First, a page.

The lunch ladies made the hot lunch from scratch, so sometimes the cafeteria smelled pretty good. This was before the low-fat insanity that overtook the nation, so the food was real—not processed—and tasted good. Kids were encouraged to drink whole milk, but I didn't like milk. I never bought a school lunch because it included milk. If I didn't go home for lunch, I carried my lunch in a paper sack (and later in a Roy Rogers lunchbox) but would sometimes pay a nickle for a Dixie Cup (and its included wooden spoon) or a chocolate-covered ice cream bar.

My main accomplishment in first grade was moving from the second reading group to the first. I think I'd been put in the second group because I was so shy that I never volunteered to read. I also rarely raised my hand because it didn't seem to matter—Mrs. Willhide eventually called on everyone, regardless of whose hands were waving wildly or not waving at all. I knew my turn woud come, and it generally did. But every time I was asked to read aloud, I had no trouble "sounding out" the words in the "Dick and Jane" reader and read fast and fluently.

Mrs. Clark, my 4th grade teacher.
A corner of the school is behind her.

I attended Huff Land School through 6th grade, and we always started the day after Labor Day. We always wore our new school clothes and changed to our play clothes as soon as we got home. Then we went out to play. I don't guess many kids do that nowadays.

Times have changed, and Huff Lane School was bull-dozed down a few years ago to make way for a hotel.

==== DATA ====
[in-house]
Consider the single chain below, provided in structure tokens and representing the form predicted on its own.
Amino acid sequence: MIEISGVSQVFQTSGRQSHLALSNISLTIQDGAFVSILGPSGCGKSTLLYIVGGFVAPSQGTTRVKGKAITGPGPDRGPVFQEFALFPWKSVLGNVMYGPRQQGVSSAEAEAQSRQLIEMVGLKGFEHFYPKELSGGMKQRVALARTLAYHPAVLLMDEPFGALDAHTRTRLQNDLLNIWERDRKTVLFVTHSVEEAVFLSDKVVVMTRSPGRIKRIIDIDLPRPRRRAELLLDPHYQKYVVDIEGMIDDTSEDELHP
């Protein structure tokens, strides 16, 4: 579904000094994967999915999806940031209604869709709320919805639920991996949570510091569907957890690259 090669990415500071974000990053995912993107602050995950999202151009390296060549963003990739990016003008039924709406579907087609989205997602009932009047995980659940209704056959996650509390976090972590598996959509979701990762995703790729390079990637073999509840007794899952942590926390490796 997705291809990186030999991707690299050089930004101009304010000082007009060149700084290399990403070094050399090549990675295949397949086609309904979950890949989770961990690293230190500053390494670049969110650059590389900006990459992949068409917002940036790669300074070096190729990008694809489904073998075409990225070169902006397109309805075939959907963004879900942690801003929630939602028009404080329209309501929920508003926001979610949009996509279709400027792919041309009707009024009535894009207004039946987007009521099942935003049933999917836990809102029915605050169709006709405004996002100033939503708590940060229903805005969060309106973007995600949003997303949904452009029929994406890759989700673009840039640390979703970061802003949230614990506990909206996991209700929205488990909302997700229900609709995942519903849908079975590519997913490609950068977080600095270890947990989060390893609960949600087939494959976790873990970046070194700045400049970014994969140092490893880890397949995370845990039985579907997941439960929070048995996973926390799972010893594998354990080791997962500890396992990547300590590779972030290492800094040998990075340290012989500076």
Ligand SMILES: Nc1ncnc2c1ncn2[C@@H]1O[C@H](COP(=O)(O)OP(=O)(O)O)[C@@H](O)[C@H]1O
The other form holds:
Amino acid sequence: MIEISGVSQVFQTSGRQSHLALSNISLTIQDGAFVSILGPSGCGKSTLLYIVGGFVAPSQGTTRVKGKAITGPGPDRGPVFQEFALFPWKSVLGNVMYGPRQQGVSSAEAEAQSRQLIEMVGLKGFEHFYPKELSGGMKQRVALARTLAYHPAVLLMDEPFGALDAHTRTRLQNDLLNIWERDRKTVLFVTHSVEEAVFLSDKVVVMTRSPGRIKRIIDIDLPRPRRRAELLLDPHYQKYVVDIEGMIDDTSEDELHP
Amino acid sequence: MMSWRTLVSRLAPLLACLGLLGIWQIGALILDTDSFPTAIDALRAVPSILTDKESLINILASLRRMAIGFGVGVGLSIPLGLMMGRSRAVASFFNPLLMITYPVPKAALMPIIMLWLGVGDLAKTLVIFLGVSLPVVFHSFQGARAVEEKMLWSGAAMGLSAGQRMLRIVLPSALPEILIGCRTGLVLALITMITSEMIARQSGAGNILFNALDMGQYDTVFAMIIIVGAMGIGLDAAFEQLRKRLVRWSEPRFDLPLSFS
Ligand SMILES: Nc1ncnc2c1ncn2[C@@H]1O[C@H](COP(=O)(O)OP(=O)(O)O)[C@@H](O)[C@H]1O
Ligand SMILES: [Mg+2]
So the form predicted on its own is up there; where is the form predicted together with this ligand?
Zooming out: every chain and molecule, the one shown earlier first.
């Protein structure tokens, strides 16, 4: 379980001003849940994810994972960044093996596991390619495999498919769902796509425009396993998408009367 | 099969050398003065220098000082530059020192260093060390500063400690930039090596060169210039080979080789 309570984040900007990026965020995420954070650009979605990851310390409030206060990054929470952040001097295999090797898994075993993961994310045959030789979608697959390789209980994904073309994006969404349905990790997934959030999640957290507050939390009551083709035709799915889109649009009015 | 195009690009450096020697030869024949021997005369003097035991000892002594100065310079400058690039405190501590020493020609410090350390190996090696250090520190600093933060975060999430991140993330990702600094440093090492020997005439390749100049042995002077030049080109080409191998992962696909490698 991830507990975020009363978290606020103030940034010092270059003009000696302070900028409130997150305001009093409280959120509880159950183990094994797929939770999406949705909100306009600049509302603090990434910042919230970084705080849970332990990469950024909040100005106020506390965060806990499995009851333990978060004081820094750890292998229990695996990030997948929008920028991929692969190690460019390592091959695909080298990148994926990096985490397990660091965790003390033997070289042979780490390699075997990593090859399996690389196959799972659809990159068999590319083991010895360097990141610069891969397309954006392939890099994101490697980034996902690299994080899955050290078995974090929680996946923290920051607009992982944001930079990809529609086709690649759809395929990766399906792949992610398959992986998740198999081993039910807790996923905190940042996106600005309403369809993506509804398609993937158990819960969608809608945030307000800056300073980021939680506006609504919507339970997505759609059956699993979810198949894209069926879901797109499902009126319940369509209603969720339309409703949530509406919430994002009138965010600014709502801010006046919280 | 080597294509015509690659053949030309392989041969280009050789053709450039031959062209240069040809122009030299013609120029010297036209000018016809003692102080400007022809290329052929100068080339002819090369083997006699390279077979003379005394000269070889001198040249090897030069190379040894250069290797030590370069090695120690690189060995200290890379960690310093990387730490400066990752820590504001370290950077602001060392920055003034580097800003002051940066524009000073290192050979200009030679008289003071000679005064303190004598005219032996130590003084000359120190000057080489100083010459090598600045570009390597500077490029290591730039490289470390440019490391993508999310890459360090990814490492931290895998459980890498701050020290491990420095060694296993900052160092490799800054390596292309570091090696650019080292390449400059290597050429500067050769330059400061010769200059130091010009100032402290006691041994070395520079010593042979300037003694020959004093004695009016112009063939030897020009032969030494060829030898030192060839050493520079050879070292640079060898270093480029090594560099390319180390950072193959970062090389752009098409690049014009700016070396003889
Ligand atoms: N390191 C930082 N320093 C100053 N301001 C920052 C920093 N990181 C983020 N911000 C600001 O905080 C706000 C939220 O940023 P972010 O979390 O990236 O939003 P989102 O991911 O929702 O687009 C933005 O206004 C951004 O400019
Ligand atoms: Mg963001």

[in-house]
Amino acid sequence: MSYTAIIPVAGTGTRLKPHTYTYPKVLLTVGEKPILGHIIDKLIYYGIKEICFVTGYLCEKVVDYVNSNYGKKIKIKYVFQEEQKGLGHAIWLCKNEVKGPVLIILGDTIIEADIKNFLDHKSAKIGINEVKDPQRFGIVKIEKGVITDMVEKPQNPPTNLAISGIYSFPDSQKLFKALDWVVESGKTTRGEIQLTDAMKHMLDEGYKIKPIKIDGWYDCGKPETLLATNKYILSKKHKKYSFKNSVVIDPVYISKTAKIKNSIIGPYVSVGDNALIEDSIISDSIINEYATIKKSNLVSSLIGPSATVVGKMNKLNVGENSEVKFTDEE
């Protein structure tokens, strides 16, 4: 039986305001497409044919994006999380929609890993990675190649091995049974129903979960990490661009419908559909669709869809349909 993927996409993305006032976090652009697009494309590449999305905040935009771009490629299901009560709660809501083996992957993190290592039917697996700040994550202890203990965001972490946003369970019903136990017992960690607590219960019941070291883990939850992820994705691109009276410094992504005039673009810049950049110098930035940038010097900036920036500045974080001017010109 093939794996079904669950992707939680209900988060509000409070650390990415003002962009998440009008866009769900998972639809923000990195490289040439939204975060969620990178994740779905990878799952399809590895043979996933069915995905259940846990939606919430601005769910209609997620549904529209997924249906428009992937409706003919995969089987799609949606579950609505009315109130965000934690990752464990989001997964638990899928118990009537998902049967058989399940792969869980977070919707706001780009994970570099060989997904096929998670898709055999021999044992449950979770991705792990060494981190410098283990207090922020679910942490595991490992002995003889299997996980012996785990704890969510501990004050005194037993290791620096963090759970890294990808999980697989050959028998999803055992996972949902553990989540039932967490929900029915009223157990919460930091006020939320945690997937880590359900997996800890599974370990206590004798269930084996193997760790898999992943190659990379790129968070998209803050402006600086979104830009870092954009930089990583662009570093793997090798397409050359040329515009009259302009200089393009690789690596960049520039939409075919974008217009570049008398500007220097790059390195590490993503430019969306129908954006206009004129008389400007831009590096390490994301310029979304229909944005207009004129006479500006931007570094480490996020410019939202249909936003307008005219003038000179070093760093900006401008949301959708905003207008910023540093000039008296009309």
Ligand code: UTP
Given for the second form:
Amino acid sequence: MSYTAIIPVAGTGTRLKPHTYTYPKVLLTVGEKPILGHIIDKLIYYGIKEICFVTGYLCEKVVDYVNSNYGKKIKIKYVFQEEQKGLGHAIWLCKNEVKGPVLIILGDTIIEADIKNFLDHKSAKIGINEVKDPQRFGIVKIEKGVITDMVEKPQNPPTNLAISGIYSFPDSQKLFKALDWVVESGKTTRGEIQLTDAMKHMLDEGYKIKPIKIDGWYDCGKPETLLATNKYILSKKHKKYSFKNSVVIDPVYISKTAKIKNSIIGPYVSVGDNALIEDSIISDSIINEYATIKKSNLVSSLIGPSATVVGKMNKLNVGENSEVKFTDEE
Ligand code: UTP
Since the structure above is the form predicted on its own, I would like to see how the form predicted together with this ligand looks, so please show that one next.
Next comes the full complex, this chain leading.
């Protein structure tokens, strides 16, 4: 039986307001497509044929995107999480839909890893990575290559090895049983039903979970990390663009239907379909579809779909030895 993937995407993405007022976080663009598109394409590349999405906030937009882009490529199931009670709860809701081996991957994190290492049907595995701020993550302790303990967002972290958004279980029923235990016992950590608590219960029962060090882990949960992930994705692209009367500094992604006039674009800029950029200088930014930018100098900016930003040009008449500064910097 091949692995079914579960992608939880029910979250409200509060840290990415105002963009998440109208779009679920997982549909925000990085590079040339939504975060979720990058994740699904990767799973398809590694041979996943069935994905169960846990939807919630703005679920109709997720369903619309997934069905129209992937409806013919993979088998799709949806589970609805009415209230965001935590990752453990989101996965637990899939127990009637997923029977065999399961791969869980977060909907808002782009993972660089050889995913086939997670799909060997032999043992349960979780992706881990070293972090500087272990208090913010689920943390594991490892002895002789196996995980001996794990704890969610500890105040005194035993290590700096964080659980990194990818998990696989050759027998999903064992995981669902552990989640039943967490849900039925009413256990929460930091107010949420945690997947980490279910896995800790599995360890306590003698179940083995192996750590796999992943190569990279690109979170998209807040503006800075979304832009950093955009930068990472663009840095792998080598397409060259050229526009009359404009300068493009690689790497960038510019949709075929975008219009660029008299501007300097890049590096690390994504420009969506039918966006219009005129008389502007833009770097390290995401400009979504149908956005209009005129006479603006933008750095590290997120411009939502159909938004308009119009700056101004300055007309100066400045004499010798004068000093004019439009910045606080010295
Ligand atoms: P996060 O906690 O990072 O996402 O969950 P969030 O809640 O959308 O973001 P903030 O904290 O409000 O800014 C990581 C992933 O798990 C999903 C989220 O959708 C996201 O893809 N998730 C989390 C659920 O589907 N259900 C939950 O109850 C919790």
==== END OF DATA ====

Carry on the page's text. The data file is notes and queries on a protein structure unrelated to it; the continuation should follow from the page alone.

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Tuesday, August 16, 2016

Mid-August Clouds

As of 1:45 PM today, thunder had been rumbling for a while. We might get rain soon, or it might miss us. At any rate, this is how the sky looked around my house:



Tuesday, August 02, 2016

Glimmering, Leaving, and Cahas

The other day I blogged about using CreateSpace for self-publishing books and noted that I owned several books that were self-published that way. During the past year, I've read three CreateSpace novels—all debut novels.

Last month, I read The Glimmering of Scotch Whiskey, by R. Lee Tipton, whom I've met only via FaceBook and her blog, Song of the Rain Crow.

If you like the magical realism genre, you'll likely enjoy this book. For those unfamiliar with magical realism, Goodreads defines it thus: "Magical realism is a fiction genre in which magical elements blend to create a realistic atmosphere that accesses a deeper understanding of reality. The story explains these magical elements as normal occurrences, presented in a straightforward manner that places the "real" and the "fantastic" in the same stream of thought."  And that's exactly what The Glimmering of Scotch Whiskey does.